Indeed, Conte estimates that THPS2 had about 5000 animation frames, while the sequel went up to 7500 – all of which had to be stored in just a few megabytes of memory. “Memory was always an issue,” he says. “On THPS3, the challenge was, if I can’t get this optimisation to work, we’d have to cut a level out of the game. Those are the sorts of hard decisions and cuts you have to deal with in a super memory-limited environment.” It’s nonetheless a testament that this GBA port was a success – one that led to handheld treatments for subsequent iterations, and it was even used to adapt Sega’s Jet Set Radio in a similar fashion.

It may lack multiplayer, skater customisation, and a level editor, but THPS2 on handheld really did retain the core Tony Hawk experience

Slimming down Sims

While handheld teams might feel like the B-tier of game development, having to make do with less powerful hardware, these smaller, often outsourced studios were also avenues for entering the games industry in a time before indies became prominent, not to mention an opportunity to work on big IPs without requiring the same big-budget resources. This included Daniel Collier, who was a producer and programmer at Exient, an Oxford-based company which had made many handheld ports for EA in both the GBA and DS era, including a port of The Sims 3 to the latter in 2010, a year after the PC version released alongside other console platforms.

Michael S. Lee was producer of all the Call of Duty DS titles at n-Space from 2007 to 2011

“Whenever you port something to a handheld, you’re going to be accused of crunching down a game,” he says, all too aware of the prevalent attitude that many handheld games are cheap lazy tie-ins that could be considered officially sanctioned knock-offs. That certainly could have been said for a few entries of The Sims on GBA, which really were just a series of minigames completely divorced from the core series. “That was one of the reasons for The Sims 3: we wanted to make a proper Sims game because we didn’t want that criticism.”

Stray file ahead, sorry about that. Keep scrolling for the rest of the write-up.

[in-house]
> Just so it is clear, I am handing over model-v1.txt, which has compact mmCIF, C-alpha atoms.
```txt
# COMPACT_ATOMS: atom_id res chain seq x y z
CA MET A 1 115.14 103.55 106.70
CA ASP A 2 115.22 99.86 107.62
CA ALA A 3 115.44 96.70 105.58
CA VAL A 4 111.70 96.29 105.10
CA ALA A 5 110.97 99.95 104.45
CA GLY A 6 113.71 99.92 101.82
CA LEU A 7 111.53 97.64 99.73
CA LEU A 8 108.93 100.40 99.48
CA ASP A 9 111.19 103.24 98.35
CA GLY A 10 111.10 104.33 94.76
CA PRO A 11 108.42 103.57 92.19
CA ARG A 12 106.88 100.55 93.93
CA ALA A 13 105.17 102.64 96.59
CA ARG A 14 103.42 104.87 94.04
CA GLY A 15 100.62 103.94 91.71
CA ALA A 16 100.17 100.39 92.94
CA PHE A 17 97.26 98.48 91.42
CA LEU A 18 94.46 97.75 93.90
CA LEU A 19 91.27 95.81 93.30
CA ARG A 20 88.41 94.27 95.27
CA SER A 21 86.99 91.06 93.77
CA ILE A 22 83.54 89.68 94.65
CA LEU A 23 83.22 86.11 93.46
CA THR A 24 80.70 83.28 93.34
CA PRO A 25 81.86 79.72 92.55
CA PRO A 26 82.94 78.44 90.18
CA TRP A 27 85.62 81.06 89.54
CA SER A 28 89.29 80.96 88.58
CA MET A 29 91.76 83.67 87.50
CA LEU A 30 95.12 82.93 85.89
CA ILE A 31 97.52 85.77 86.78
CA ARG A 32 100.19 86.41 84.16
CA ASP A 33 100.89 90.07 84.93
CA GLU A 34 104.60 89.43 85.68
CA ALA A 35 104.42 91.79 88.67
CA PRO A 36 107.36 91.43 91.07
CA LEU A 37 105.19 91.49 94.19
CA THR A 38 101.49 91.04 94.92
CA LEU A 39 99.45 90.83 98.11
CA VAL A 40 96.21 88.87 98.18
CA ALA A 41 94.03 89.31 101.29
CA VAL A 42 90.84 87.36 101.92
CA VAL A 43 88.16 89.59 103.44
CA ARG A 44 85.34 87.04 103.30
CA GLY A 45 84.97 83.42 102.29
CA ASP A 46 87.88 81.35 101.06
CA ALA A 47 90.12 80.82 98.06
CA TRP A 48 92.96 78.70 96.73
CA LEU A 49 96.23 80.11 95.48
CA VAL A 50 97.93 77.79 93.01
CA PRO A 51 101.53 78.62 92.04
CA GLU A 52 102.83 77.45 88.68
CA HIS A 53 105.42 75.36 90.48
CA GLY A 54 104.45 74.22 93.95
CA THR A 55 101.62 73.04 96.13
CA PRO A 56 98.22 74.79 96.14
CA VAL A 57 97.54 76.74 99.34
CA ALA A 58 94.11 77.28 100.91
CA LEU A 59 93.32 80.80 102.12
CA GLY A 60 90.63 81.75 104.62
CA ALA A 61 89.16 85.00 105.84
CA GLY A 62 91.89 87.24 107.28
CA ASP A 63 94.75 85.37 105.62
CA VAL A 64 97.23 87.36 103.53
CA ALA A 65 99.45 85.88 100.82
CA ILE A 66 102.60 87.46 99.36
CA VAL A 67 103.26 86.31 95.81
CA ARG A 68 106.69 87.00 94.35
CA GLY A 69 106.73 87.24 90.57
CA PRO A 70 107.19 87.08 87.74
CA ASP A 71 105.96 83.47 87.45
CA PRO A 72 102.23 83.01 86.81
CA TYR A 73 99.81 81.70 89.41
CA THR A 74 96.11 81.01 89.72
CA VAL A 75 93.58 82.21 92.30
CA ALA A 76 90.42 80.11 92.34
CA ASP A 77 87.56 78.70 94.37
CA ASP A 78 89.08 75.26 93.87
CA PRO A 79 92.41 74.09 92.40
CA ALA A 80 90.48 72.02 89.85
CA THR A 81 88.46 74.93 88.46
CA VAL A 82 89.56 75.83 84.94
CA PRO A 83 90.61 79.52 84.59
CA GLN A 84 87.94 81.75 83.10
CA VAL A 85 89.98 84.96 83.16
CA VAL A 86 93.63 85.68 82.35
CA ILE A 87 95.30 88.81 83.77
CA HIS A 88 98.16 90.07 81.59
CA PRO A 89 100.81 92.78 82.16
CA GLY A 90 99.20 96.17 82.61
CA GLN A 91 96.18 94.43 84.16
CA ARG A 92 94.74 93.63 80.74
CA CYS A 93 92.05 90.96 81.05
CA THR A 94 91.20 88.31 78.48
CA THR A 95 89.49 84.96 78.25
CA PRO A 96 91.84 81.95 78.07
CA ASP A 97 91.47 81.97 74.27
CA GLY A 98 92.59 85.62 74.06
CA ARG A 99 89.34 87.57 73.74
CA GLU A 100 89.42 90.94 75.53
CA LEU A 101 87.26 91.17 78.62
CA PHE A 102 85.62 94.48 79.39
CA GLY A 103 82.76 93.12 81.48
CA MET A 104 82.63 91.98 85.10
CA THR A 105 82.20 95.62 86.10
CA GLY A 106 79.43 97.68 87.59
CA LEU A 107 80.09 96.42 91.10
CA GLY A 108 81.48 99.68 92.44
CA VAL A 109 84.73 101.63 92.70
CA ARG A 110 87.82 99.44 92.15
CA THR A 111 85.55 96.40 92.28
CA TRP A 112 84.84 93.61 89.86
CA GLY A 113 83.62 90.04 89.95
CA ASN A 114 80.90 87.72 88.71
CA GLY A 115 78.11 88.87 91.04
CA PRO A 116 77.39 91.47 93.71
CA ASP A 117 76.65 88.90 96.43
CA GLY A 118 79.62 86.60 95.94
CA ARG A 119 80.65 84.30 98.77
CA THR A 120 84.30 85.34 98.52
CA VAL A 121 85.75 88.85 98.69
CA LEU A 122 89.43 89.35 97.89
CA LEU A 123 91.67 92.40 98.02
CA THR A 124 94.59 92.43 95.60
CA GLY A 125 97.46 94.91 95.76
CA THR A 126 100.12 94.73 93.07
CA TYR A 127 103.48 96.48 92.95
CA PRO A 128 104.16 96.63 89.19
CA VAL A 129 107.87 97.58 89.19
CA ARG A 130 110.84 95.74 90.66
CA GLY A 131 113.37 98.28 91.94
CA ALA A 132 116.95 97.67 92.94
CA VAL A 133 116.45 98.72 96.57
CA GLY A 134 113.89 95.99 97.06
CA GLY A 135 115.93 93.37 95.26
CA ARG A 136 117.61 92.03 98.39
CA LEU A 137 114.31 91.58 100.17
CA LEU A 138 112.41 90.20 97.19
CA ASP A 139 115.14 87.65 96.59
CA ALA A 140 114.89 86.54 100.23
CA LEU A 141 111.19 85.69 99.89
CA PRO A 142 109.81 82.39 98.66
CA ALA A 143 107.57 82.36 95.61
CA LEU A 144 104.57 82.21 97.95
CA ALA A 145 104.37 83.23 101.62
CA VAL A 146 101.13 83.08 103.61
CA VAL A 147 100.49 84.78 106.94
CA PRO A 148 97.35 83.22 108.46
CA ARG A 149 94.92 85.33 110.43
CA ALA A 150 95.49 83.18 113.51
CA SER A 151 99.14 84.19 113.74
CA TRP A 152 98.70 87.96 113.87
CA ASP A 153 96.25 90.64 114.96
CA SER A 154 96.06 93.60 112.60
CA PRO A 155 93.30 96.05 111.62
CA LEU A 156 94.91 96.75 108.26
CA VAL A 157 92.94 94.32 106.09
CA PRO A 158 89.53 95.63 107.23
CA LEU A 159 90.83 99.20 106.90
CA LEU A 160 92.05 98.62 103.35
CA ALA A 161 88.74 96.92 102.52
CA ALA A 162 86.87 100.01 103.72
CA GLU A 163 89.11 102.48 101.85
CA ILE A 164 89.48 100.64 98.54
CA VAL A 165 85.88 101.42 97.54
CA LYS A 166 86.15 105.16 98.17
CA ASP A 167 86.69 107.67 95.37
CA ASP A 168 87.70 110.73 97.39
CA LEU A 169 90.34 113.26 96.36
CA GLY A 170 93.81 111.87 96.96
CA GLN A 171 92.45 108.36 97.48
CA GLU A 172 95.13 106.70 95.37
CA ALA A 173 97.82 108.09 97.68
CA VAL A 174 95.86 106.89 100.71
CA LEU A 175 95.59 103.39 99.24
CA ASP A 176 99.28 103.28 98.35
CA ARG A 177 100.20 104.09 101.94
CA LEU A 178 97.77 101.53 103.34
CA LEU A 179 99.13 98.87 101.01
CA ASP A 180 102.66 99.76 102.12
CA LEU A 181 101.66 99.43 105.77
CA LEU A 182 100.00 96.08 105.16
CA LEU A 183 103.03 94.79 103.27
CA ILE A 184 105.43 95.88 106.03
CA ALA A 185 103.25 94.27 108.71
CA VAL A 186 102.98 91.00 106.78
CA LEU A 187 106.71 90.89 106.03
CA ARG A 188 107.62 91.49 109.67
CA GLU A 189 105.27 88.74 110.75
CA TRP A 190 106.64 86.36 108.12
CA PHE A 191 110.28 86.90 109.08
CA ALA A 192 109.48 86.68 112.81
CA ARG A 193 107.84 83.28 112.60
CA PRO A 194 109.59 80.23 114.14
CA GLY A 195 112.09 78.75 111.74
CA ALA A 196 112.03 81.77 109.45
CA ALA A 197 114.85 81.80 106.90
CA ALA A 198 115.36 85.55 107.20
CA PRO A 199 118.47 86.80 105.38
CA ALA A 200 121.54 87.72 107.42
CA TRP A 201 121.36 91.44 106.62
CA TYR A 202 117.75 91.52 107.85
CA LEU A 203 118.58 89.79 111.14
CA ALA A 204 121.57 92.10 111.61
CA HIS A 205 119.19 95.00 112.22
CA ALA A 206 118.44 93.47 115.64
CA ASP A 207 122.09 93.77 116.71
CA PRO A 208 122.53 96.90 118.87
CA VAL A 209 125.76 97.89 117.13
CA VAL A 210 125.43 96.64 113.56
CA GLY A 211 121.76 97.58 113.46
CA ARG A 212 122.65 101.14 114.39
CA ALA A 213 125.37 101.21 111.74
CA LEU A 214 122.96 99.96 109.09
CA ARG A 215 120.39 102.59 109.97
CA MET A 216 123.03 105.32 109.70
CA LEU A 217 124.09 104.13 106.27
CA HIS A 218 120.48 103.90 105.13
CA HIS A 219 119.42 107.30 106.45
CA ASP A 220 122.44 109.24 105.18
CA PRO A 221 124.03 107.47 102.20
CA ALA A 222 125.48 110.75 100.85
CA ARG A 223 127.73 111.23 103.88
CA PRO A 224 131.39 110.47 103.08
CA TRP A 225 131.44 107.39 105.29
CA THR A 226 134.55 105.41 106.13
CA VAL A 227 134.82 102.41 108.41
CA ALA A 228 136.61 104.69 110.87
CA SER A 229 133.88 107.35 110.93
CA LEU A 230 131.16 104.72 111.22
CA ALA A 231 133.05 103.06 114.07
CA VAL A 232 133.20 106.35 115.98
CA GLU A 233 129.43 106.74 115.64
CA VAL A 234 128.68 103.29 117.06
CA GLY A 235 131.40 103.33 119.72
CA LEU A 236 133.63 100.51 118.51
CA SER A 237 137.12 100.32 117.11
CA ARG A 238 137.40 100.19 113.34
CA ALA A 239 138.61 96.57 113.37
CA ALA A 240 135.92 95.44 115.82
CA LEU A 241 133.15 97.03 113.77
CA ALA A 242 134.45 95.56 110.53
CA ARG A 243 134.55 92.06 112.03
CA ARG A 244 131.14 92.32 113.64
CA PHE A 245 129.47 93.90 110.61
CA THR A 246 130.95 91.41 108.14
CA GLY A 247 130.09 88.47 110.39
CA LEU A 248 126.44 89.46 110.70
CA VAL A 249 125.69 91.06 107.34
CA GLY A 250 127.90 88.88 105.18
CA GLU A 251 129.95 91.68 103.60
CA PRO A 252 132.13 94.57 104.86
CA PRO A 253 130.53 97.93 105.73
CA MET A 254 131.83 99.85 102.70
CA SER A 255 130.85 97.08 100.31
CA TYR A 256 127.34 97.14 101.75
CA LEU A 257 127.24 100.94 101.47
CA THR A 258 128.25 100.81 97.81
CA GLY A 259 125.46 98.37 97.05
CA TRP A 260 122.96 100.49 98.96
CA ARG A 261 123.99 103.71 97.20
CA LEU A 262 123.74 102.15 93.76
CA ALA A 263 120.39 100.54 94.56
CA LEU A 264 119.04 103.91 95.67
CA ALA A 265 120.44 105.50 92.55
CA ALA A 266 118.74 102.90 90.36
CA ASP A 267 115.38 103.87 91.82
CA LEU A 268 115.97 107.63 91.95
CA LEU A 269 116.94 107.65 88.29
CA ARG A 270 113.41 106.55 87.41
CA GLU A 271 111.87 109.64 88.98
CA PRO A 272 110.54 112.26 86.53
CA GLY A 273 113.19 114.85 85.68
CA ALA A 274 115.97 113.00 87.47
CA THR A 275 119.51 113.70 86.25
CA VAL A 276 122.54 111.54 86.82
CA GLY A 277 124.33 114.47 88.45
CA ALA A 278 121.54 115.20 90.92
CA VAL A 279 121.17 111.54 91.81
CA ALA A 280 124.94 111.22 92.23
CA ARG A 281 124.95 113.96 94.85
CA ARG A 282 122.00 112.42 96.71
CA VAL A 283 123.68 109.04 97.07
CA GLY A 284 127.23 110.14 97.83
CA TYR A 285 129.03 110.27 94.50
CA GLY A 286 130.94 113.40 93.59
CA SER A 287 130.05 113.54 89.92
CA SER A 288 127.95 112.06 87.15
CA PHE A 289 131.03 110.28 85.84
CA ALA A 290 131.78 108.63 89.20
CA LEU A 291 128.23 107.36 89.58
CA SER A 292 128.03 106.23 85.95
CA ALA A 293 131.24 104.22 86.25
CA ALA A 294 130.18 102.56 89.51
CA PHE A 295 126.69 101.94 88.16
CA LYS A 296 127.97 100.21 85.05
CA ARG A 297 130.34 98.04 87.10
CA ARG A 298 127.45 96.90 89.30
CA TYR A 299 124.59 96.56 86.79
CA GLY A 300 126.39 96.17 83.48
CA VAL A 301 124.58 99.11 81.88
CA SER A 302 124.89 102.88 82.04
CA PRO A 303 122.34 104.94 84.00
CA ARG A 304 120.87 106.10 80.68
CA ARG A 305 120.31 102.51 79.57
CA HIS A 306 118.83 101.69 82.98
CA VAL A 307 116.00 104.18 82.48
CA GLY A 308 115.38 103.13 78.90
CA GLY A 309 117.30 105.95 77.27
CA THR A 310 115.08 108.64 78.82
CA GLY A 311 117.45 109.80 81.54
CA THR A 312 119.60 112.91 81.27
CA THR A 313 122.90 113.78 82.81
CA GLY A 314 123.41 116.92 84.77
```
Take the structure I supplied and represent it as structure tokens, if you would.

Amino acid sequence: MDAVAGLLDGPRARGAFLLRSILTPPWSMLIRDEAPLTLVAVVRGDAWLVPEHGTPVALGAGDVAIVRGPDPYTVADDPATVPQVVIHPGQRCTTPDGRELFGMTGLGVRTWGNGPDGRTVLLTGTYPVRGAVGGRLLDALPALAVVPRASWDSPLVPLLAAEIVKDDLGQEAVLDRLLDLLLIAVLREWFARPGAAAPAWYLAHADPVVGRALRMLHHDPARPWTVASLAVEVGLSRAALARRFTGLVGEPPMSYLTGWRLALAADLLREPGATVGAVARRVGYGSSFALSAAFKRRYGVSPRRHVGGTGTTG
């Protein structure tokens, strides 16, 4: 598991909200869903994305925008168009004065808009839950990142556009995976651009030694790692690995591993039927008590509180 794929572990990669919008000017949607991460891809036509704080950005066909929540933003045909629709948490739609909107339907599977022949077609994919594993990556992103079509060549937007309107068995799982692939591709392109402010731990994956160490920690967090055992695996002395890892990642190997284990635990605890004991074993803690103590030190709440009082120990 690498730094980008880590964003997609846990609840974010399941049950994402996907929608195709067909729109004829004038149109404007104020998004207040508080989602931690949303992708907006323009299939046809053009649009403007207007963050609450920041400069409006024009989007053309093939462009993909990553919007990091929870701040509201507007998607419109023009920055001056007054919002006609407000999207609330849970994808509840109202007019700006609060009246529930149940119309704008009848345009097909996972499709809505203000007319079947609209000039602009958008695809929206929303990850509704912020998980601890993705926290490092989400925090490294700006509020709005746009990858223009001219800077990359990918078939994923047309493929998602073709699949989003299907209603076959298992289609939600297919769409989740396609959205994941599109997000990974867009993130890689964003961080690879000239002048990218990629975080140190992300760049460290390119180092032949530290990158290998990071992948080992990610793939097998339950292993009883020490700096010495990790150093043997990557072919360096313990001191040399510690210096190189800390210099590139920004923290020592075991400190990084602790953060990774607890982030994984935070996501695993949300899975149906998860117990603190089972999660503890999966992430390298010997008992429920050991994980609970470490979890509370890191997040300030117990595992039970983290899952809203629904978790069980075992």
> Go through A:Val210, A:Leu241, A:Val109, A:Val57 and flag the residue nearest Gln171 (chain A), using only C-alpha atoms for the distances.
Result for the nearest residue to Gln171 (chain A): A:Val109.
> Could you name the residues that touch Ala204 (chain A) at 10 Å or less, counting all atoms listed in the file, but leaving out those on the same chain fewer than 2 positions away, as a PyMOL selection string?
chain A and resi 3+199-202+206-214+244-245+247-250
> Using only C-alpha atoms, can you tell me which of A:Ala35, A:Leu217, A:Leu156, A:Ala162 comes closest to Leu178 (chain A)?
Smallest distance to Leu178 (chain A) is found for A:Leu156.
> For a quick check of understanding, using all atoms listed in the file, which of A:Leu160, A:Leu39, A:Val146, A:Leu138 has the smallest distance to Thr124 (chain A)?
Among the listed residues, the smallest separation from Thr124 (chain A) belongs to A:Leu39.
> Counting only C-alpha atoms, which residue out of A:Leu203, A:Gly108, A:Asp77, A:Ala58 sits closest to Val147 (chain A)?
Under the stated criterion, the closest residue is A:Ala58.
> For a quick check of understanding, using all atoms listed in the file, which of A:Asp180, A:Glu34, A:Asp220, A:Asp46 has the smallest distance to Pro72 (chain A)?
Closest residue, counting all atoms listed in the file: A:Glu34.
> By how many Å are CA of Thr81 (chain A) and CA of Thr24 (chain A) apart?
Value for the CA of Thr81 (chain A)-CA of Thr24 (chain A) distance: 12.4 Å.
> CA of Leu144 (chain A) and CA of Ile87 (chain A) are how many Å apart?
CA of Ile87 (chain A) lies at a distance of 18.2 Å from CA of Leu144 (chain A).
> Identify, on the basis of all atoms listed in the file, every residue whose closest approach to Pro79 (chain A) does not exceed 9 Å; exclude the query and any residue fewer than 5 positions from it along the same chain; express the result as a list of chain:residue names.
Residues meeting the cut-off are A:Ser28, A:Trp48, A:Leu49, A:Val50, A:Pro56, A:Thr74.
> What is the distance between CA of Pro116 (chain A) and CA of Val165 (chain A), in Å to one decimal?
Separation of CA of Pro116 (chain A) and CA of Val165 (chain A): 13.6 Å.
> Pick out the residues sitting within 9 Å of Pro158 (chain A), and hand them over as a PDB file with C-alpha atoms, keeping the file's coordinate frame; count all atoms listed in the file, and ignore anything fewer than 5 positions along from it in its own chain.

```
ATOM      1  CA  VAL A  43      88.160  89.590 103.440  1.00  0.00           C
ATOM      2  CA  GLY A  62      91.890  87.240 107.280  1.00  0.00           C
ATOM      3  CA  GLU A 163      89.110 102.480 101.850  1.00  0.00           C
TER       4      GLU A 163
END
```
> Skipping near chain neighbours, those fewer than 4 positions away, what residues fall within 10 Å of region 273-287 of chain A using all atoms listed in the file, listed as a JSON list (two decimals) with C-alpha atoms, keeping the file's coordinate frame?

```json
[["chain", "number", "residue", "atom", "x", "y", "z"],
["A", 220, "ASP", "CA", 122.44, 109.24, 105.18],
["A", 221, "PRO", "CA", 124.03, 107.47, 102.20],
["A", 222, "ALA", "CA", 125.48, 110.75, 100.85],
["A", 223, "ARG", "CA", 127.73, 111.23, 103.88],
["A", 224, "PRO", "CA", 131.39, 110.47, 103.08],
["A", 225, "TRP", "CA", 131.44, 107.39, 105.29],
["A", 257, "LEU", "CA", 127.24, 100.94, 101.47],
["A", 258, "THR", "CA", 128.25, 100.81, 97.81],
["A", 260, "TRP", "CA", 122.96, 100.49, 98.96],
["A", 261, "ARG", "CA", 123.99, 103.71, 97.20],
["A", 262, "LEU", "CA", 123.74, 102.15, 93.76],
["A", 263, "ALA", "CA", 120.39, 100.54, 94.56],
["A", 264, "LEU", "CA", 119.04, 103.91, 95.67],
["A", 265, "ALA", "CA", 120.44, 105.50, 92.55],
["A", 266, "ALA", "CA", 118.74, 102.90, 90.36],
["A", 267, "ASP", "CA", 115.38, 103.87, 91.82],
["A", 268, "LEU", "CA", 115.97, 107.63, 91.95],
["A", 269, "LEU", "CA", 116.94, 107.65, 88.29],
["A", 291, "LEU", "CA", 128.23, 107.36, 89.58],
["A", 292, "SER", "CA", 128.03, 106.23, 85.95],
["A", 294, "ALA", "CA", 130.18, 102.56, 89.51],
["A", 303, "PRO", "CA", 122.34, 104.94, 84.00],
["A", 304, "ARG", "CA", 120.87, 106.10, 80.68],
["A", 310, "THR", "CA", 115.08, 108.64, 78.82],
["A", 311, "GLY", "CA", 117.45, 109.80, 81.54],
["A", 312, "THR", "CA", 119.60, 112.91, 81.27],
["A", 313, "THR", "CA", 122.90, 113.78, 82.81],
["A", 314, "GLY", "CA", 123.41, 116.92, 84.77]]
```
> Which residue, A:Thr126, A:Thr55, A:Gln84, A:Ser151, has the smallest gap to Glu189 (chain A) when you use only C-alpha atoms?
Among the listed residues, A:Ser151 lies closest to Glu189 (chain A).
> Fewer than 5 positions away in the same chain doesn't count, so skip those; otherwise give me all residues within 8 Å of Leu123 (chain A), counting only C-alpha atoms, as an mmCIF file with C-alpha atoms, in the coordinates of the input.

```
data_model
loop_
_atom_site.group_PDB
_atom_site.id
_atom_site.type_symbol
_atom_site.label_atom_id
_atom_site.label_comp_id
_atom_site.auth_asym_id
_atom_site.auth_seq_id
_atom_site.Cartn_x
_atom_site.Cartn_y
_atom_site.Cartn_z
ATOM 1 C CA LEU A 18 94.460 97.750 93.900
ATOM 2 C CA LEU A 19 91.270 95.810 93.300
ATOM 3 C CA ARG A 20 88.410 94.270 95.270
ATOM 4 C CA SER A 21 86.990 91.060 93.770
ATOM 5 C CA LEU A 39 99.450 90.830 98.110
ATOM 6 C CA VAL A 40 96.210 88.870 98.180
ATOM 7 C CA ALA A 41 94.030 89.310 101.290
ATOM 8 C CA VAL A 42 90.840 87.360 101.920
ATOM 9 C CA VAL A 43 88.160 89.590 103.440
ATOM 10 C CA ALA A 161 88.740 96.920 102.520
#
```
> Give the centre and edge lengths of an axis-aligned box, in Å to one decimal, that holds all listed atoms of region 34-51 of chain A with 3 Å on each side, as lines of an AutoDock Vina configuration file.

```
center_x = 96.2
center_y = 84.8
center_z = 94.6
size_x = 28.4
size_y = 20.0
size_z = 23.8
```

EA not only greenlit the port, but provided Exient with plenty of resources, including the largest ROM size available for the DS game cards, a year of development time (which was “a lot back then for a handheld title!”), and even the source code, though the latter was just for reference. What the team did take from the PC version of The Sims 3 were the models and animations, which then had the details crunched down so that it was manageable on the DS. “I think the artists actually did have to take the model and scale it down, removing the polygons from it to make it workable, so there was a human process,” Collier adds. “I remember writing a tool to sort of crunch down animations, which the artists would also go in to tidy up.”

The dual-screen was useful for displaying a map and equipping weapons, but also an opportunity to include minigames such as bomb-defusing.

Not all features made it across, notably the absence of babies as well as The Sims’ famous woohooing – though it’s unclear whether that was down to technical limitations or because the DS version had a lower age rating – although having an outside world you could explore, new to the series, was something they replicated. “We were also going to just have a flat 2D map that you click to move to different places, but in the end, we were able to add a 3D world you could move around,” said Collier. “There were a lot of decisions to be made about what we would bring over, but generally we did try and get the essence of it brought across.”

While still a far cry from a full-fat PC experience, the Nintendo DS nonetheless marked the first recognisable iteration of Maxis’ life sim on handheld. The system’s dual-screen also proved useful for handling real estate, as well as providing the ability to drag and drop objects and buildings. An improved version was even made for the 3DS later, though this one wasn’t handled by Exient.

Daniel Collier, a former programmer and producer at Exient, an Oxford-based studio he joined in 2003

Beyond the Call of Duty